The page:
“Only buy something that you’d be perfectly happy to hold if the market shut down for 10 years.”
— Warren Buffett
This inspiring quote from Warren Buffett teaches us the importance of considering our investment time horizon when approaching any given investment: Could we envision ourselves holding the stock we are considering for many years? Even a decade-long holding period potentially?
For “buy-and-hold” investors taking a long-term view, what’s important isn’t the short-term stock market fluctuations that will inevitably occur, but what happens over the long haul. Looking back 10 years to 2011, investors considering an investment into shares of Archer Daniels Midland Co. (NYSE: ADM) may have been pondering this very question and thinking about their potential investment result over a full decade-long time horizon. Here’s how that would have worked out.
|Average annual return:||7.62%|
As shown above, the decade-long investment result worked out well, with an annualized rate of return of 7.62%. This would have turned a $10K investment made 10 years ago into $20,849.93 today (as of 01/19/2021). On a total return basis, that’s a result of 108.52% (something to think about: how might ADM shares perform over the next 10 years?). [These numbers were computed with the Dividend Channel DRIP Returns Calculator.]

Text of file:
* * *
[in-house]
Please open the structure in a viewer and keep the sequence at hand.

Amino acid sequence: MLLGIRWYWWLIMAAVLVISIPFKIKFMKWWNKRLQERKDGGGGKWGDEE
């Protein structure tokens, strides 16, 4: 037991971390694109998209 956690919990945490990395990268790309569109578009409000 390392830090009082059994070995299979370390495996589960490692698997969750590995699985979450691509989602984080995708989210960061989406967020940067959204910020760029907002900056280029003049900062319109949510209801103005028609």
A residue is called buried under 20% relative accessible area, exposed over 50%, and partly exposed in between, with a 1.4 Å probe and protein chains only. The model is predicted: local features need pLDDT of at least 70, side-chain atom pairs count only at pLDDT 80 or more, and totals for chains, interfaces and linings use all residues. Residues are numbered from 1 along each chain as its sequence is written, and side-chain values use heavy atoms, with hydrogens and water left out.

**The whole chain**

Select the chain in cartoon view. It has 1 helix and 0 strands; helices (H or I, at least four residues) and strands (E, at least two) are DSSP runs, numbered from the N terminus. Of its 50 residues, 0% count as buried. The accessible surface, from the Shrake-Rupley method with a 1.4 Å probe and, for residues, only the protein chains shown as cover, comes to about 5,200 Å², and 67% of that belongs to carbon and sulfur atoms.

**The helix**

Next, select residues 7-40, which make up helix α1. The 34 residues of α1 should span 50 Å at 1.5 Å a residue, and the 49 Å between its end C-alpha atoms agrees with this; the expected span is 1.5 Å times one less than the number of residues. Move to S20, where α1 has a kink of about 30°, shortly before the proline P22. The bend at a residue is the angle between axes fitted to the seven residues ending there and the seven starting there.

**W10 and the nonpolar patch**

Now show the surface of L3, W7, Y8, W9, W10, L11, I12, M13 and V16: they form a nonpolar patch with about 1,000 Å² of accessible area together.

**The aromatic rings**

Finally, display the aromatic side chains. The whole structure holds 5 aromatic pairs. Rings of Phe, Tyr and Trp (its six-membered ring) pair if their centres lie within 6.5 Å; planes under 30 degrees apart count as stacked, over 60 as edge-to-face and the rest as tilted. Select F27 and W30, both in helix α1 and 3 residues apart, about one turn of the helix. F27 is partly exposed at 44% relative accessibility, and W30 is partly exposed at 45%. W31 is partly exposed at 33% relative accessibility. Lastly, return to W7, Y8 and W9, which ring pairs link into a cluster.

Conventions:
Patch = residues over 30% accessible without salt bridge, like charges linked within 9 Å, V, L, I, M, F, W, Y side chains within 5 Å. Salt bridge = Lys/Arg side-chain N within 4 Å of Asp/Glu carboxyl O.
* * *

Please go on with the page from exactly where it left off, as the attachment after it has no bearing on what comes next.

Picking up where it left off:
Beyond share price change, another component of ADM’s total return these past 10 years has been the payment by Archer Daniels Midland Co. of $10.85/share in dividends to shareholders. Automatic reinvestment of dividends can be a wonderful way to compound returns, and for the above calculations we presume that dividends are reinvested into additional shares of stock. (For the purpose of these calcuations, the closing price on ex-date is used).
Based upon the most recent annualized dividend rate of 1.44/share, we calculate that ADM has a current yield of approximately 2.71%. Another interesting datapoint we can examine is ‘yield on cost’ — in other words, we can express the current annualized dividend of 1.44 against the original $33.39/share purchase price. This works out to a yield on cost of 8.12%.
More investment wisdom to ponder:
“Investing is the intersection of economics and psychology.” — Seth Klarman